PUBLISHED ON FEB 28, 2021 09:08 AM IST
  • No significant change in temperatures is likely over most parts of northwest, west and central India during the next 24 hours.
Close
Delhi’s maximum temperature didn’t touch 30 degree C in 2020, 2019, 2015, 2014 and 2013 in February.(Arvind Yadav/HT Photo)
Delhi’s maximum temperature didn’t touch 30 degree C in 2020, 2019, 2015, 2014 and 2013 in February.(Arvind Yadav/HT Photo)

Weather experts weigh in on why spring gave Delhi a miss

By Jayashree Nandi, New Delhi
PUBLISHED ON FEB 28, 2021 04:53 AM IST
Since Monday (till Saturday), maximum temperatures in Delhi have read: 28.9; 31.5; 32.5; 33.2; 33; and 31.7 degrees C. The situation is similar in most cities in the northern plains. Mumbai’s maximum temperature over the same period has ranged between 33.9 and 36.1 degrees C.
Close
The researchers have found that a similar genetic evolution happened independently in different species at different times, suggesting there is a unifying principle leading to the same social trait.(Unsplash)
The researchers have found that a similar genetic evolution happened independently in different species at different times, suggesting there is a unifying principle leading to the same social trait.(Unsplash)

Study finds maternal instincts lead to social life of bees

ANI, Toronto [canada]
PUBLISHED ON FEB 27, 2021 06:39 PM IST
The maternal care of offspring is one of the behavioural drivers that has led some bee species to have an ever-expanding social life over the history of evolution.
Close
A widespread decline in abundance of emergent insects - whose immature stages develop in lakes and streams while the adults live on the land - can help to explain the alarming decline in abundance and diversity of aerial insectivorous birds across the USA. (Representational Image)(Pixabay)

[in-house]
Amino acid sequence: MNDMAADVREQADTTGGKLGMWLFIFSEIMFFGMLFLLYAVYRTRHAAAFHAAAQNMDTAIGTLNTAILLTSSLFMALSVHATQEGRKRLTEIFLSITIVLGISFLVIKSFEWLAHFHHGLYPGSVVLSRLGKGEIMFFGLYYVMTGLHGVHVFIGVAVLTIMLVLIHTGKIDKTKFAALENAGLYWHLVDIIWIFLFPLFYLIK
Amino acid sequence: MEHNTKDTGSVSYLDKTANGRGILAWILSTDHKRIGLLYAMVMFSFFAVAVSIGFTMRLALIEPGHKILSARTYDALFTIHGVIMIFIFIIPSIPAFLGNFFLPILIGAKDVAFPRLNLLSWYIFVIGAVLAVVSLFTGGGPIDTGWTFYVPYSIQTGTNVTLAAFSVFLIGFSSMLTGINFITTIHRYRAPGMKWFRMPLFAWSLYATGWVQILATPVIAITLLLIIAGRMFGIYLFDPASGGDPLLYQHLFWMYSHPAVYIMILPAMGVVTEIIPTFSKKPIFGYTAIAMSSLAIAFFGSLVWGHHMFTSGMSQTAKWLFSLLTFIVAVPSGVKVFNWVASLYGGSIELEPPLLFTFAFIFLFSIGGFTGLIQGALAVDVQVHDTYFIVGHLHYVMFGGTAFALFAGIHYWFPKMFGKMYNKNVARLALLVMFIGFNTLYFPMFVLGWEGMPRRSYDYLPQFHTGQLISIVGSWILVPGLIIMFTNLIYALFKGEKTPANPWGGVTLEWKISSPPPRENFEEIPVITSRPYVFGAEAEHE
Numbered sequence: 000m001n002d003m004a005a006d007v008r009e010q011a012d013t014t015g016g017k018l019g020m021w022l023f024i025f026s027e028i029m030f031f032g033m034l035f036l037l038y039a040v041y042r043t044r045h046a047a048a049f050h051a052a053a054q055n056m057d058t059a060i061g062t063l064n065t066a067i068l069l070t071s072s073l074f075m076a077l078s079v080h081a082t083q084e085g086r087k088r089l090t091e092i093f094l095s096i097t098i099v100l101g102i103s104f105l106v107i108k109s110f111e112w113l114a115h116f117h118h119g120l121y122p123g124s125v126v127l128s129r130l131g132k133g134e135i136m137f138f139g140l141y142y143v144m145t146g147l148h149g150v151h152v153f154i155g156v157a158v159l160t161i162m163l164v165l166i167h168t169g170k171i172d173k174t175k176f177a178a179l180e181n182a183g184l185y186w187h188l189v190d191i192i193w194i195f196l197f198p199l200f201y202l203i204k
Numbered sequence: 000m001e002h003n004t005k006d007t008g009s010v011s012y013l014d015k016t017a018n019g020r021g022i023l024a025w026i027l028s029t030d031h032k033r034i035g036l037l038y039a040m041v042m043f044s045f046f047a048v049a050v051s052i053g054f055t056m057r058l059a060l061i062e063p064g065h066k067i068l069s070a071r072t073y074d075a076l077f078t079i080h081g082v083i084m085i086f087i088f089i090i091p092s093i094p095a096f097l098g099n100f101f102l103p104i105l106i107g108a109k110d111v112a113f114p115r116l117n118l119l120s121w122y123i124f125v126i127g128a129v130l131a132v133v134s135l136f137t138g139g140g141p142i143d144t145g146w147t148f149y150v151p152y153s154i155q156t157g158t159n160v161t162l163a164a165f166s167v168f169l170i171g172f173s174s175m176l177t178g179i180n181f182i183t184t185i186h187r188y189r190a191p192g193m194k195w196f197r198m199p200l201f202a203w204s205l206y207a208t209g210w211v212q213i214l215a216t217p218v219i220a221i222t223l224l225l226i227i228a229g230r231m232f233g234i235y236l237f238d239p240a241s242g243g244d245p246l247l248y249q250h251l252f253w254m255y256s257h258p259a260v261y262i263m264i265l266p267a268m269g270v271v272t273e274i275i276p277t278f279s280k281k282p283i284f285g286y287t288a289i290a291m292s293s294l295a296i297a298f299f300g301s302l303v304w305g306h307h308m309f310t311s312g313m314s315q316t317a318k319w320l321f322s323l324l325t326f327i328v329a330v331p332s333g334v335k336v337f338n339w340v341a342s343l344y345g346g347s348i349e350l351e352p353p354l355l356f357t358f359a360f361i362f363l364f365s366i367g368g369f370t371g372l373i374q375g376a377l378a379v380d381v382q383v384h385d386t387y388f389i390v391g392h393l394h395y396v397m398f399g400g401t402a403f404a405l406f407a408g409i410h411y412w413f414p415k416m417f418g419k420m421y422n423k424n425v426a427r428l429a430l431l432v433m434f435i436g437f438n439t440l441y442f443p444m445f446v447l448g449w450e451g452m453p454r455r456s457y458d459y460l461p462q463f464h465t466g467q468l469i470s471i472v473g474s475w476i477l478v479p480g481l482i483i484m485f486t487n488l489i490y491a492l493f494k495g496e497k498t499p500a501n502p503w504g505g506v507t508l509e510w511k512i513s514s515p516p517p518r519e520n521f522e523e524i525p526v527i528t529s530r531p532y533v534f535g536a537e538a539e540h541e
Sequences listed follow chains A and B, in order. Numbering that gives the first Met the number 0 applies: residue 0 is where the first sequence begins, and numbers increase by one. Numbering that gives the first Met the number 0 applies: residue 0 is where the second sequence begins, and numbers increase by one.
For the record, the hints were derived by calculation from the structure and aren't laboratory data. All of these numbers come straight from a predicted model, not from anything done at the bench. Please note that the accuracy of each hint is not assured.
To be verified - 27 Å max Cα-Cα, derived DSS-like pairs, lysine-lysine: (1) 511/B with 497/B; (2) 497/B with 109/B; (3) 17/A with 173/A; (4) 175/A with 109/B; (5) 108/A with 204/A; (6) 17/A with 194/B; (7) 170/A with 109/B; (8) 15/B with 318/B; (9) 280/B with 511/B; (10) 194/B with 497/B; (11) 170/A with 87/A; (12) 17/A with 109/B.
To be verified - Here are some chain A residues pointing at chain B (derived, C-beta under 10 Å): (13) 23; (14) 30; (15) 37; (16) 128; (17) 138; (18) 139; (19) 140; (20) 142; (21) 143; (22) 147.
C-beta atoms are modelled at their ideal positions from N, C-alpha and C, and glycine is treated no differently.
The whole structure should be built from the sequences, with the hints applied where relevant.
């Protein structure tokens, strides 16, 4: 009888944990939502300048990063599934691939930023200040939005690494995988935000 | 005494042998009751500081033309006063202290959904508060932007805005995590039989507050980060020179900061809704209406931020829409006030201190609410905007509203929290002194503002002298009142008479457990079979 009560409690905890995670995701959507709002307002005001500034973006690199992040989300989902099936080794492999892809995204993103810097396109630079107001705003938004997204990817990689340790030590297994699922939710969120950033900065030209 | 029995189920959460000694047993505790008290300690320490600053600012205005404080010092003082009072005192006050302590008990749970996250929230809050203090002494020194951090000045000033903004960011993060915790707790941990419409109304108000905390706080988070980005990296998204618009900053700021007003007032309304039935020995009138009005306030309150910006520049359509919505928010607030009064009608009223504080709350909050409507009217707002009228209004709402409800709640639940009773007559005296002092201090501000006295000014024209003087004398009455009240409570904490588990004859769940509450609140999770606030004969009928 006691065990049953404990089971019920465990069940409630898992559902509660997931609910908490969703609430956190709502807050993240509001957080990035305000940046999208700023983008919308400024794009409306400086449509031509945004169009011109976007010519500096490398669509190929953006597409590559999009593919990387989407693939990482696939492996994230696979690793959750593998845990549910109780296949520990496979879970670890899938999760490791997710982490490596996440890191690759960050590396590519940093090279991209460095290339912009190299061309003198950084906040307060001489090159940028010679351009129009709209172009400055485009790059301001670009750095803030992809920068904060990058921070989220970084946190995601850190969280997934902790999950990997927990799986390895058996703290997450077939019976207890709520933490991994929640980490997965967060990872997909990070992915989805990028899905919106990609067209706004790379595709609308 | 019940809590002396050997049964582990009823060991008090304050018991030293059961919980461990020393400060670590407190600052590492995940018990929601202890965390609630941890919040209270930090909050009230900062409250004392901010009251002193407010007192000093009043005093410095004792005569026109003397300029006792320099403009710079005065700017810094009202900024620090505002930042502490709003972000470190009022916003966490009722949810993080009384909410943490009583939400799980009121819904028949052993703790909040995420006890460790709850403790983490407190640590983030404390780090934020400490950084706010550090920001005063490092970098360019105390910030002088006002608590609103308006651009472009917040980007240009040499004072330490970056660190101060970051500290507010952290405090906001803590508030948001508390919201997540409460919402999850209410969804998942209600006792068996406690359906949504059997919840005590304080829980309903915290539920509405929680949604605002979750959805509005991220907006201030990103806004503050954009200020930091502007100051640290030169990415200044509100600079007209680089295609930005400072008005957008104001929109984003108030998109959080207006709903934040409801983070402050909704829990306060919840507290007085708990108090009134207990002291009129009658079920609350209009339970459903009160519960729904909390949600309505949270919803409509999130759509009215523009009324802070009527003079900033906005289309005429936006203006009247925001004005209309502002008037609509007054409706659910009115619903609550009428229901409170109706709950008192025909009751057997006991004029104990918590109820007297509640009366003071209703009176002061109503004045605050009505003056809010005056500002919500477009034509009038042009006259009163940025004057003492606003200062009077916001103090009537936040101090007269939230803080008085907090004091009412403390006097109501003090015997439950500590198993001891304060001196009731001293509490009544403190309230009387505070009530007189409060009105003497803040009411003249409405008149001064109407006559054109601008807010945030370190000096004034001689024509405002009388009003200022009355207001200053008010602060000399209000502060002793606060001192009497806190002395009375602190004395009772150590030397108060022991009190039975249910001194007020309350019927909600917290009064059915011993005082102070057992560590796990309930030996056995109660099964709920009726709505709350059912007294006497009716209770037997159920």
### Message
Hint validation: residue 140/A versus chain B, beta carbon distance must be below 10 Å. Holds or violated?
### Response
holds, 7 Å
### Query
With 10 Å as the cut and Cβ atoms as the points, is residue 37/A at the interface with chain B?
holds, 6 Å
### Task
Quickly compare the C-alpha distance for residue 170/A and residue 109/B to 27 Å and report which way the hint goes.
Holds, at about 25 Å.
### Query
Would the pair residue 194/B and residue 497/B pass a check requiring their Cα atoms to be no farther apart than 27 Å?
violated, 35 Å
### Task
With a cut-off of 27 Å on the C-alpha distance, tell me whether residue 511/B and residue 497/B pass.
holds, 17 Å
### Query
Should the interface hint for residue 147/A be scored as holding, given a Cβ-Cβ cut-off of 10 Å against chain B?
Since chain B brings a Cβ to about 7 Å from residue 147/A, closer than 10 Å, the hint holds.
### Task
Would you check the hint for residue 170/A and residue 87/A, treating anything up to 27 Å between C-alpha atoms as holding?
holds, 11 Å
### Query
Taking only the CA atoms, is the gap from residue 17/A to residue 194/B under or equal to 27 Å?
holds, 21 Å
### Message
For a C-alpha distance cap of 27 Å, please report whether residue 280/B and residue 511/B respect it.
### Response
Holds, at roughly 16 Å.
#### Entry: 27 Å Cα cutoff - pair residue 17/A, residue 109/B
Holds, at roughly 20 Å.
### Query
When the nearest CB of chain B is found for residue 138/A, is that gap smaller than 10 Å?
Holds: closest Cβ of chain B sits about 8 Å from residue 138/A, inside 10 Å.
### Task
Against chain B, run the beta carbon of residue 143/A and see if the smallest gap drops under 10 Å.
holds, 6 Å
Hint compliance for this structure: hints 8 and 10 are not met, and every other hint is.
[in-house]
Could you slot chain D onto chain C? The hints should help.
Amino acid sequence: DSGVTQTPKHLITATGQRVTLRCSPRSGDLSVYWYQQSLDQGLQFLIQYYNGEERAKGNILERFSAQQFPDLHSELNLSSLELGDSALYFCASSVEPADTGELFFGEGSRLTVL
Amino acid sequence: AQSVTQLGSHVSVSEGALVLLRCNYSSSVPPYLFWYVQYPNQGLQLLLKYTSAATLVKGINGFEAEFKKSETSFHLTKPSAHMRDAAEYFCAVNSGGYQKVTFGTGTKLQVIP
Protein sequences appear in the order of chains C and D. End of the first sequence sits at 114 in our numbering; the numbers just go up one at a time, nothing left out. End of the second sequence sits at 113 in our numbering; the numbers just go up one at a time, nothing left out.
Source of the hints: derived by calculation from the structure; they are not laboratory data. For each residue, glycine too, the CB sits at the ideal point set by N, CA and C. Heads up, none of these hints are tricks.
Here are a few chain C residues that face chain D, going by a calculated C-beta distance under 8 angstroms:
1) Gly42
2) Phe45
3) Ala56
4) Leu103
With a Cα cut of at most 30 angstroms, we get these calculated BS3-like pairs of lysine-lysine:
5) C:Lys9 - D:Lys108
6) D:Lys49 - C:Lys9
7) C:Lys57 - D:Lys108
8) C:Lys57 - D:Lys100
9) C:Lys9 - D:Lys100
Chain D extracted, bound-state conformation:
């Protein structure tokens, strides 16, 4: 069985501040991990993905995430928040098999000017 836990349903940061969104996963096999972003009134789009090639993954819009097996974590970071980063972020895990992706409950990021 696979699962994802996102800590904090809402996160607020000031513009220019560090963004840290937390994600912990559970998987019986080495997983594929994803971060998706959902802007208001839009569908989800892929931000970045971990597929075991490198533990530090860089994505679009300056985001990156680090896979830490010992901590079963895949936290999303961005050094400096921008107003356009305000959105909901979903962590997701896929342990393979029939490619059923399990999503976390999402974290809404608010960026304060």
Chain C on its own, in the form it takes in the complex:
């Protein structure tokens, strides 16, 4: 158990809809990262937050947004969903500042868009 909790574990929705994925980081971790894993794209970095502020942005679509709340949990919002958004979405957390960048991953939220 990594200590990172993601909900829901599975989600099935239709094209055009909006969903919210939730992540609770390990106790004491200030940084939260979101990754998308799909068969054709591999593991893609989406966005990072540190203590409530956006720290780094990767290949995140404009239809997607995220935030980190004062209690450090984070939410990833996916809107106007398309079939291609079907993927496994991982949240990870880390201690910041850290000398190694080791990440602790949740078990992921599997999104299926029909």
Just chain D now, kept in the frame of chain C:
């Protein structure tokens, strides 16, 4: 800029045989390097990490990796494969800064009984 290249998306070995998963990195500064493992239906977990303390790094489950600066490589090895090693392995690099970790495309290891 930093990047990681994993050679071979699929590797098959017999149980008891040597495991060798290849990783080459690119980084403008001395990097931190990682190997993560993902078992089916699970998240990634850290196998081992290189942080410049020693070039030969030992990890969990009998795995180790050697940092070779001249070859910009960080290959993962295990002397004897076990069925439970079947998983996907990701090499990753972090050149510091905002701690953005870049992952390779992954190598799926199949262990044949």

A widespread decline in abundance of emergent insects - whose immature stages develop in lakes and streams while the adults live on the land - can help to explain the alarming decline in abundance and diversity of aerial insectivorous birds across the USA. (Representational Image)(Pixabay)

Study suggests improving water quality could help conserve insectivorous birds

ANI, Cleveland (ohio) [us]
PUBLISHED ON FEB 27, 2021 01:14 PM IST
A new study is one of the first to find evidence for a causal link between the decline of insectivorous birds, the decline of emergent aquatic insects, and poor water quality.
Close
Scientists are still studying the details of exactly what happened, but said heavy snowfall followed by bright sunshine led to snow-melt in the area.(Reuters)
Scientists are still studying the details of exactly what happened, but said heavy snowfall followed by bright sunshine led to snow-melt in the area.(Reuters)

Disaster in the Himalayas: how a rare February landslide left more than 200 dead

Reuters, New Delhi
UPDATED ON FEB 26, 2021 07:06 PM IST
A landslide 20 kilometres west of Nanda Devi, India's second-highest peak, resulted in a flash flood on Feb. 7 that left more than 200 dead, and swept away two state hydro-electric projects.
Close
Tyrannosaurus rex(Unsplash)
Tyrannosaurus rex(Unsplash)